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Suppose there exists an element in $G/N$ of order $p$, where $p$ is a prime number. In other words, there exists an $a\in G$ such that $[a]^p=[e]$, where $[a]\neq[e]$.

Then why $a^p$ belongs to $N$?

I understand if $a^p$ belongs to $N$, then since $[a^p]=Na^p$, by closure of $N$, $[a^p]$ is a subset of $N$; Since $N=Na^{-p}a^p$, by the fact that $N$ is closed under inversion and multiplication, $N$ is a subset of $[a^p]$, thus $[a^p]=N=[e]$. But although the statement that $a^p$ belongs to $N$ leads to the fact that $[a]^p=[e]$, it's not a necessary condition for these two to be equal.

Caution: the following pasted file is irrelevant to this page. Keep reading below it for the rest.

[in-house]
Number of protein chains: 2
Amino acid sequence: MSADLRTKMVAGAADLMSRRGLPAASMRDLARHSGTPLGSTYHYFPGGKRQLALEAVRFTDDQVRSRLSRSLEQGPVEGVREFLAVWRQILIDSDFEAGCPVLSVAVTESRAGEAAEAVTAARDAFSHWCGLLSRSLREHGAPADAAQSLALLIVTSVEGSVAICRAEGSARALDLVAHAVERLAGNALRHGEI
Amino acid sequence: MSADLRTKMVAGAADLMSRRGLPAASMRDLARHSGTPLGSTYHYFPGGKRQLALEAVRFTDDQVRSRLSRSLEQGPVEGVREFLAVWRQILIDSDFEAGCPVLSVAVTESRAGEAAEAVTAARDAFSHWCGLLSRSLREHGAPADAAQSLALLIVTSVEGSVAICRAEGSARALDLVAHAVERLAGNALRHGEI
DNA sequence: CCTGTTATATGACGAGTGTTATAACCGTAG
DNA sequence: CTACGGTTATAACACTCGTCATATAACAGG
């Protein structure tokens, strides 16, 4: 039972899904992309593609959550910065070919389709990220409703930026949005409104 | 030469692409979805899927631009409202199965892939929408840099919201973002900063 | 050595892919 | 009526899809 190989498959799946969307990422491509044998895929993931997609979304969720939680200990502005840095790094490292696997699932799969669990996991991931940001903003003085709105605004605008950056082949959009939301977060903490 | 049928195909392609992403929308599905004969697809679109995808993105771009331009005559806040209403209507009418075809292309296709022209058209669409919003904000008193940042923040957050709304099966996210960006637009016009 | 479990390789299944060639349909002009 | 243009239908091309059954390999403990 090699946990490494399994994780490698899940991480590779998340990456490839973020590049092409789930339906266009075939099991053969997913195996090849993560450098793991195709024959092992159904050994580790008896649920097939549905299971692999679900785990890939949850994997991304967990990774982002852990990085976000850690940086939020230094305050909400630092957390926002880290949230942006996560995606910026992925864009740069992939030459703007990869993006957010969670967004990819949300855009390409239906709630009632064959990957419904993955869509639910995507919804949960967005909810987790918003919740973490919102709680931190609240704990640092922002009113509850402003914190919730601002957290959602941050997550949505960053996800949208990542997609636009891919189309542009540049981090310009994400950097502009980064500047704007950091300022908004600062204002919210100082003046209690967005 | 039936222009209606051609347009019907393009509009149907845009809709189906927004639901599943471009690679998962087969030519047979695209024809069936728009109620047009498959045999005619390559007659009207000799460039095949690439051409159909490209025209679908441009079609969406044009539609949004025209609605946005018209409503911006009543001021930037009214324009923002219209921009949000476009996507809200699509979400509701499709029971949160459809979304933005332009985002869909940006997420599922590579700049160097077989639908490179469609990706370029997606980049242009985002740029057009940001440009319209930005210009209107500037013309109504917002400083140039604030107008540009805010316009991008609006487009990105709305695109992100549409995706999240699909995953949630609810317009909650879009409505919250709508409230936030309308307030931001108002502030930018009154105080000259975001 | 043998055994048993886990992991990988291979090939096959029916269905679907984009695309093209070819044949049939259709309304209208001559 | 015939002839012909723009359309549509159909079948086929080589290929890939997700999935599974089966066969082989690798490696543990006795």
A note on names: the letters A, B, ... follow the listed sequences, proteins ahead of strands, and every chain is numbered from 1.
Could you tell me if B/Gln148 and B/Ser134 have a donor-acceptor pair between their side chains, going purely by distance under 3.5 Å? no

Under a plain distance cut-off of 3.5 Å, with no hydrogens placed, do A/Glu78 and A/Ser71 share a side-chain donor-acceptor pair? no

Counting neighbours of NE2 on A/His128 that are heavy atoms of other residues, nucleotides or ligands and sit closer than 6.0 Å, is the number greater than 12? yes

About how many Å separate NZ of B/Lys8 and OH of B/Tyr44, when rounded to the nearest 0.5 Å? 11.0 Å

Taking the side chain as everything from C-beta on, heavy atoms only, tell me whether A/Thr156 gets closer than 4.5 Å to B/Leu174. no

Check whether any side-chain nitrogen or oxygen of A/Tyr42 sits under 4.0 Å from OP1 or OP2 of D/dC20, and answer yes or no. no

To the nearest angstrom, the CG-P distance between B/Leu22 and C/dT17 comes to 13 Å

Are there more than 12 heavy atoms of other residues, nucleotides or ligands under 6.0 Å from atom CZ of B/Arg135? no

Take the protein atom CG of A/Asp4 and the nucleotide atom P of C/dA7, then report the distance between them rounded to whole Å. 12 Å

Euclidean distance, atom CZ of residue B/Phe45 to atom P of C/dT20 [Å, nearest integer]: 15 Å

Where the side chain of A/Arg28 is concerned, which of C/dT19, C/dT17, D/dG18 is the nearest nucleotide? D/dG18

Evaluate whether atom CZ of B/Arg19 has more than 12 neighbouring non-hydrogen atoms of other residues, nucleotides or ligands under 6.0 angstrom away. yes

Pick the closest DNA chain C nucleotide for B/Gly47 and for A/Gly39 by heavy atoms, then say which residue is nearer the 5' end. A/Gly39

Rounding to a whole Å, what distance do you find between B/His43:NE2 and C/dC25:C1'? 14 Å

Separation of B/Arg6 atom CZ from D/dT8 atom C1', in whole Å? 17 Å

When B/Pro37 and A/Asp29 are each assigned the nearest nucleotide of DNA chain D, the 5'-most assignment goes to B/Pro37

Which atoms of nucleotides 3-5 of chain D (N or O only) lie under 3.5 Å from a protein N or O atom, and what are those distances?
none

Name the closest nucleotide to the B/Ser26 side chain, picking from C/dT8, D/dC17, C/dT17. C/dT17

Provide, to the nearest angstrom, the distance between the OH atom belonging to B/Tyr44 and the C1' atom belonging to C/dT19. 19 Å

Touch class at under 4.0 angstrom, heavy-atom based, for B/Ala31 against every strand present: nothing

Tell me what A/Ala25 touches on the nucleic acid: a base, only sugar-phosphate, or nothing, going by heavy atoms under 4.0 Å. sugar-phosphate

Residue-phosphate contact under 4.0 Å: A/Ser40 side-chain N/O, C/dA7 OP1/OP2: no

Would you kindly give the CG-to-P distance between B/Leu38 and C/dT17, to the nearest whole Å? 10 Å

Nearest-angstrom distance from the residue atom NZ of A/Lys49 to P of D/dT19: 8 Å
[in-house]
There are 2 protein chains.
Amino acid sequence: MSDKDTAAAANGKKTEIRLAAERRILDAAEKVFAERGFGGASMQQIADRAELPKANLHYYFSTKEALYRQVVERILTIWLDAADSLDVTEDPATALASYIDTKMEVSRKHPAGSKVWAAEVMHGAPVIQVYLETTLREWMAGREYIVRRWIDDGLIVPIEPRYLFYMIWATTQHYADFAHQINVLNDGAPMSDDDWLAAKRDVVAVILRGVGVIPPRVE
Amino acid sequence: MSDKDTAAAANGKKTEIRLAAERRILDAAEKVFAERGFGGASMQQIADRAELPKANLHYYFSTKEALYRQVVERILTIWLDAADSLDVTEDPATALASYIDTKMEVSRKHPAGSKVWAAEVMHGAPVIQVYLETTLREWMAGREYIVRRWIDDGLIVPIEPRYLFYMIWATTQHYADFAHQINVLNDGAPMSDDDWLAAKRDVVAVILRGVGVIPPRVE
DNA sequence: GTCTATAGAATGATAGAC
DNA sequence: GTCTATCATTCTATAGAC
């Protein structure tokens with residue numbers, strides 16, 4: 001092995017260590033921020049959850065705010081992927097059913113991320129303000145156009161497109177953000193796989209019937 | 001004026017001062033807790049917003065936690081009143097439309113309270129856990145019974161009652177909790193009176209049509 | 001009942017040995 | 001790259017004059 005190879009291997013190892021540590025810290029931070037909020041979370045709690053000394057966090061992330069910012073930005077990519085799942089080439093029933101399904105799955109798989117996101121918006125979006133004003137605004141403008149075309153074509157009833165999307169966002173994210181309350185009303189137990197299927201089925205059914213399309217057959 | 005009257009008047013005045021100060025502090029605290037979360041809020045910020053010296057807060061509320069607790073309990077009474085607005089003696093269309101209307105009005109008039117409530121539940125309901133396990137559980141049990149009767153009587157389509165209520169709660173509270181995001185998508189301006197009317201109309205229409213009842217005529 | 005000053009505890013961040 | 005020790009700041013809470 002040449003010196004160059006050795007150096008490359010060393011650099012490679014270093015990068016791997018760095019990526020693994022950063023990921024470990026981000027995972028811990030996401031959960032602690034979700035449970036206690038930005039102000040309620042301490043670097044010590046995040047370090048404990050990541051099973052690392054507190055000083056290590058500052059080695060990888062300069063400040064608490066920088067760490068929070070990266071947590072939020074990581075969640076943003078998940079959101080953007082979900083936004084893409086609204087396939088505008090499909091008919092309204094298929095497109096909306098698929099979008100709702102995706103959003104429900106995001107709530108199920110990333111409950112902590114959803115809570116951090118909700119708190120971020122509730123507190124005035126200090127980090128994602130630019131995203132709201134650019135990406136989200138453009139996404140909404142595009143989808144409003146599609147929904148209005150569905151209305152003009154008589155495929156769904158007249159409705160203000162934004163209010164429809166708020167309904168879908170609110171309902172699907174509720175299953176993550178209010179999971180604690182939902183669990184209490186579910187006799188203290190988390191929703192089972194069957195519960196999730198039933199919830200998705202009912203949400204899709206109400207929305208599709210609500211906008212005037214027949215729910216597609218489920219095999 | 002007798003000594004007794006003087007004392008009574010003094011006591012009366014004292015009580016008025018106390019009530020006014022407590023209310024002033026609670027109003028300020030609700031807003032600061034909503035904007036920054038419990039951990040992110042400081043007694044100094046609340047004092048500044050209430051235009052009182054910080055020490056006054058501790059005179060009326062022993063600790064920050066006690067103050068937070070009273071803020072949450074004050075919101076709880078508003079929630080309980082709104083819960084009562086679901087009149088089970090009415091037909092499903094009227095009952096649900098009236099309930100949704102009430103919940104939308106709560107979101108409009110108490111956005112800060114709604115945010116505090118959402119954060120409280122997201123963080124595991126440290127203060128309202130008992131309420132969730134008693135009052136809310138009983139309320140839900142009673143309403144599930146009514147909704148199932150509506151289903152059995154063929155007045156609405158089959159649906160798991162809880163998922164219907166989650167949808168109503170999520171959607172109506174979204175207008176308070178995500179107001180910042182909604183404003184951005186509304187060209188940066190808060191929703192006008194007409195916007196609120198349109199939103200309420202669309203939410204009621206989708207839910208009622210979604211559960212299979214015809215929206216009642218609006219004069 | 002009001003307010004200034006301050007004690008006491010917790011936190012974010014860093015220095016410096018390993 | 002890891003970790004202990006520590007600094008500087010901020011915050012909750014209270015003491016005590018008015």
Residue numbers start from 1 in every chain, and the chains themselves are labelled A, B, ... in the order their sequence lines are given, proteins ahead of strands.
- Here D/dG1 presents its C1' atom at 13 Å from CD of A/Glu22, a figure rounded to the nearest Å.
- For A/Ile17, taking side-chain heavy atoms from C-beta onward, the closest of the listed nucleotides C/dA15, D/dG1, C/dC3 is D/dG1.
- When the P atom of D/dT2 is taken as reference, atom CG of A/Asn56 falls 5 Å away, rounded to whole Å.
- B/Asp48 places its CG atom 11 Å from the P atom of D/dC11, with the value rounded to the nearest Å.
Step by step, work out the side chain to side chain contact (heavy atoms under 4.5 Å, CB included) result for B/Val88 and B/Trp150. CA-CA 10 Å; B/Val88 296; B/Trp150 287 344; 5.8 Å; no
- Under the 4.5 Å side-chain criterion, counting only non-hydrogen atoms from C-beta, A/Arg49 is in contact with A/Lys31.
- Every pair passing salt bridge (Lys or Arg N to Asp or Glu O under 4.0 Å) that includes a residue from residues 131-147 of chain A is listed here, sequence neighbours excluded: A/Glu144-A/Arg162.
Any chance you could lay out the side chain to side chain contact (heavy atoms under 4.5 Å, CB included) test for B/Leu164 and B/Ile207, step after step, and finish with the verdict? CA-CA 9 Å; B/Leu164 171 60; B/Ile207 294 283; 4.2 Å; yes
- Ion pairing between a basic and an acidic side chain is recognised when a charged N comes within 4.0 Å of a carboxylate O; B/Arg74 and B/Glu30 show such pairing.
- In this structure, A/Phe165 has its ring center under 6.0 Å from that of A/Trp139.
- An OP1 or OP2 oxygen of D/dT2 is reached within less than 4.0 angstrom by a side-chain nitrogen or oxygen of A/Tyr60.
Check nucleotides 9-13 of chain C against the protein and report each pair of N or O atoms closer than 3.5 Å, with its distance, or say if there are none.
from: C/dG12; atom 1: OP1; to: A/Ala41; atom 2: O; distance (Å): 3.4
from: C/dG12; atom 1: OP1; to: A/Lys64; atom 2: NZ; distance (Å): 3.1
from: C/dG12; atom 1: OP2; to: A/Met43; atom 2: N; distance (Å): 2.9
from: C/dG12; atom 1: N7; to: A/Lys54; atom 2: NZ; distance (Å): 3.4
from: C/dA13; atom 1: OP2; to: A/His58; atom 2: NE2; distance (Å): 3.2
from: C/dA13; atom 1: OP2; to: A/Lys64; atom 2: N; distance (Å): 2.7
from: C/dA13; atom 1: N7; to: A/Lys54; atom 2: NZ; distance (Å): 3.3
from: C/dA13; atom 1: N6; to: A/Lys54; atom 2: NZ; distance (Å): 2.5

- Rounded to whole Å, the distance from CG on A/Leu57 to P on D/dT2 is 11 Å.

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oops, sorry, i'll try my best –  pxc3110 Apr 3 at 0:59

2 Answers 2

up vote 4 down vote accepted

You're overcomplicating things.

By definition, $[a]^p=[a^p]$ and saying $[a]^p=[e]$ becomes $$ [a^p]=[e] $$ or $a^p\in N$, because the equivalence relation you're using is $$ x \sim y \text{ if and only if } xy^{-1}\in N. $$ In different notation, where we use $[x]=Nx$, $$ Nx=Ny\text{ if and only if }xy^{-1}\in N. $$

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$[a^p] = [a]^p = [e] \iff a^pN = eN = N$. We also have $a^p = a^p\cdot1 \in a^pN = N$, so $a^p \in N$.

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